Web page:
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Being Differently Abled At Work

For far too long, the term ‘disabled’ has been used to describe a person without the same abilities as the ‘average person’. With this term, we’ve unintentionally labelled so many individuals as ‘less than’ and ‘inferior,’ and have gone on to treat them as a liability rather than an asset.

Whether in or out of the workplace, it’s time we begin to challenge the way we see and speak about the ‘disabled’ and make way for a culture that embraces and celebrates differences.

Look at it this way, would you ever pity someone who didn’t have good organizational skills? Or would you ever refuse to work with someone with a bad sense of direction? No, you wouldn’t. What you would most likely do is acknowledge the fact that while this one area may be a weakness for this person, their strengths must be in something else.

So why don’t we give this same credit to people with ‘disabilities’? Instead of looking at them as lacking something, we need to acknowledge the fact that everyone has strengths and weaknesses and start recognizing how much these individuals can bring to the table. For example, while we may view deafness as a disability, in reality, people that are deaf often have heightened senses (ie. a stronger sense of smell) and have the ability to see the world differently than the average person.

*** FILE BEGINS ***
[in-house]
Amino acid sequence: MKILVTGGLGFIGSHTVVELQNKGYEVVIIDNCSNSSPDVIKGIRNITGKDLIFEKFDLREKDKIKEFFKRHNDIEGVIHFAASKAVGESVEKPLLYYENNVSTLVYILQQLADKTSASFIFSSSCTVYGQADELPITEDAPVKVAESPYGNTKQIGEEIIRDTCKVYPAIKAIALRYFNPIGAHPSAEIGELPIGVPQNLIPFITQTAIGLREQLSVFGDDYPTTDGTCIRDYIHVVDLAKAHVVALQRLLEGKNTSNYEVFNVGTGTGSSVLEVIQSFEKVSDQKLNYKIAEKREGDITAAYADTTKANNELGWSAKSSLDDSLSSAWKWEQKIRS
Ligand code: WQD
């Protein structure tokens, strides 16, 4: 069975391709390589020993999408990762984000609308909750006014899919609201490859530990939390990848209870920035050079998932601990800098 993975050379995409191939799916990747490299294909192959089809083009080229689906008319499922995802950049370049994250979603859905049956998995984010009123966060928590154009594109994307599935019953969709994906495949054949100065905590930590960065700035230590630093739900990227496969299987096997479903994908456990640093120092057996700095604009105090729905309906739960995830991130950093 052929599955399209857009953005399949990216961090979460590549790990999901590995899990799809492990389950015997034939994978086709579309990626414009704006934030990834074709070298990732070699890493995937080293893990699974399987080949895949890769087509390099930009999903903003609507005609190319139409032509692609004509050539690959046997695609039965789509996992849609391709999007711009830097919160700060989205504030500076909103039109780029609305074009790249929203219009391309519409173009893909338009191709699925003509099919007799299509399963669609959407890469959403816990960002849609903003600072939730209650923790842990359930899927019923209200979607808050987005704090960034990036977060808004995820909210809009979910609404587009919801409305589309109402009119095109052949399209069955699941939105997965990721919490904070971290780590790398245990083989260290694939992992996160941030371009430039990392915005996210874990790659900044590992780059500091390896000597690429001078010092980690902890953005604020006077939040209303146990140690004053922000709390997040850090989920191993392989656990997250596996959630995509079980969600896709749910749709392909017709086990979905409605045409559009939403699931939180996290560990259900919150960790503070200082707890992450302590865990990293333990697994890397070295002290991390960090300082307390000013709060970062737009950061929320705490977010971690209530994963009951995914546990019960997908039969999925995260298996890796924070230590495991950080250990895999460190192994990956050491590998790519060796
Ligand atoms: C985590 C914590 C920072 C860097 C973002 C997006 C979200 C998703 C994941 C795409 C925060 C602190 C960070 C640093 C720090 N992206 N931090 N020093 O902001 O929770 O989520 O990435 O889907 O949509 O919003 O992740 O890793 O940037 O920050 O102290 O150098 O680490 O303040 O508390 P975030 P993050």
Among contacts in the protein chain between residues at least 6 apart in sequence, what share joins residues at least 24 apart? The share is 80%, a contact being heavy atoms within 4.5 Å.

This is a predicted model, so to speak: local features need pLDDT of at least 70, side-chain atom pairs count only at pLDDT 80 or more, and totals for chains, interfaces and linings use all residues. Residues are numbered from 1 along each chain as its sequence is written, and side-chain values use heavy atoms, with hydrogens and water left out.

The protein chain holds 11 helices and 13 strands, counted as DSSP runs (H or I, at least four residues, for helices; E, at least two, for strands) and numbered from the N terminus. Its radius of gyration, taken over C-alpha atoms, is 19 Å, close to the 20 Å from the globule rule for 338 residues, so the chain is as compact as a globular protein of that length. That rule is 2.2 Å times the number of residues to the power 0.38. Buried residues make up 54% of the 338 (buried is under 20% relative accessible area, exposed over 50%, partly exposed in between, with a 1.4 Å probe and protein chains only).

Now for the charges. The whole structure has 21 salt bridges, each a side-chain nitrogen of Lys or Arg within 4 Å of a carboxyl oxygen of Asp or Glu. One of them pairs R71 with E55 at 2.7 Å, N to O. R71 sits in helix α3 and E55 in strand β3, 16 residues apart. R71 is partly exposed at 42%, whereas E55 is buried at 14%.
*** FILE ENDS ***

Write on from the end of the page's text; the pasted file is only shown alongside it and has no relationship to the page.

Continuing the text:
Once again, the term ‘disabled’ suggests there is something lacking or wrong with the person. The term ‘differently-abled’, however, acknowledges the differences and potential challenges without inferring that they are somehow less important, less valuable, or someone to be pitied.

We want to see this distinction made in workplace all over the world, as it will not only change how differently-abled people are viewed, but what opportunities they are given and how they are treated.

Everybody has abilities. Everybody has strengths and weakness, and it’s time that employers start seeing it this way.

Hiring differently-abled workers is not something that employers should do to avoid a lawsuit or keep up appearances. These people are not a burden nor a liability, but an asset to workplaces. Diversity in personality, background, way of life, and abilities is key to maximizing the potential of any organization, and if employers aren’t understanding this, they’re missing out on a whole lot of greatness.

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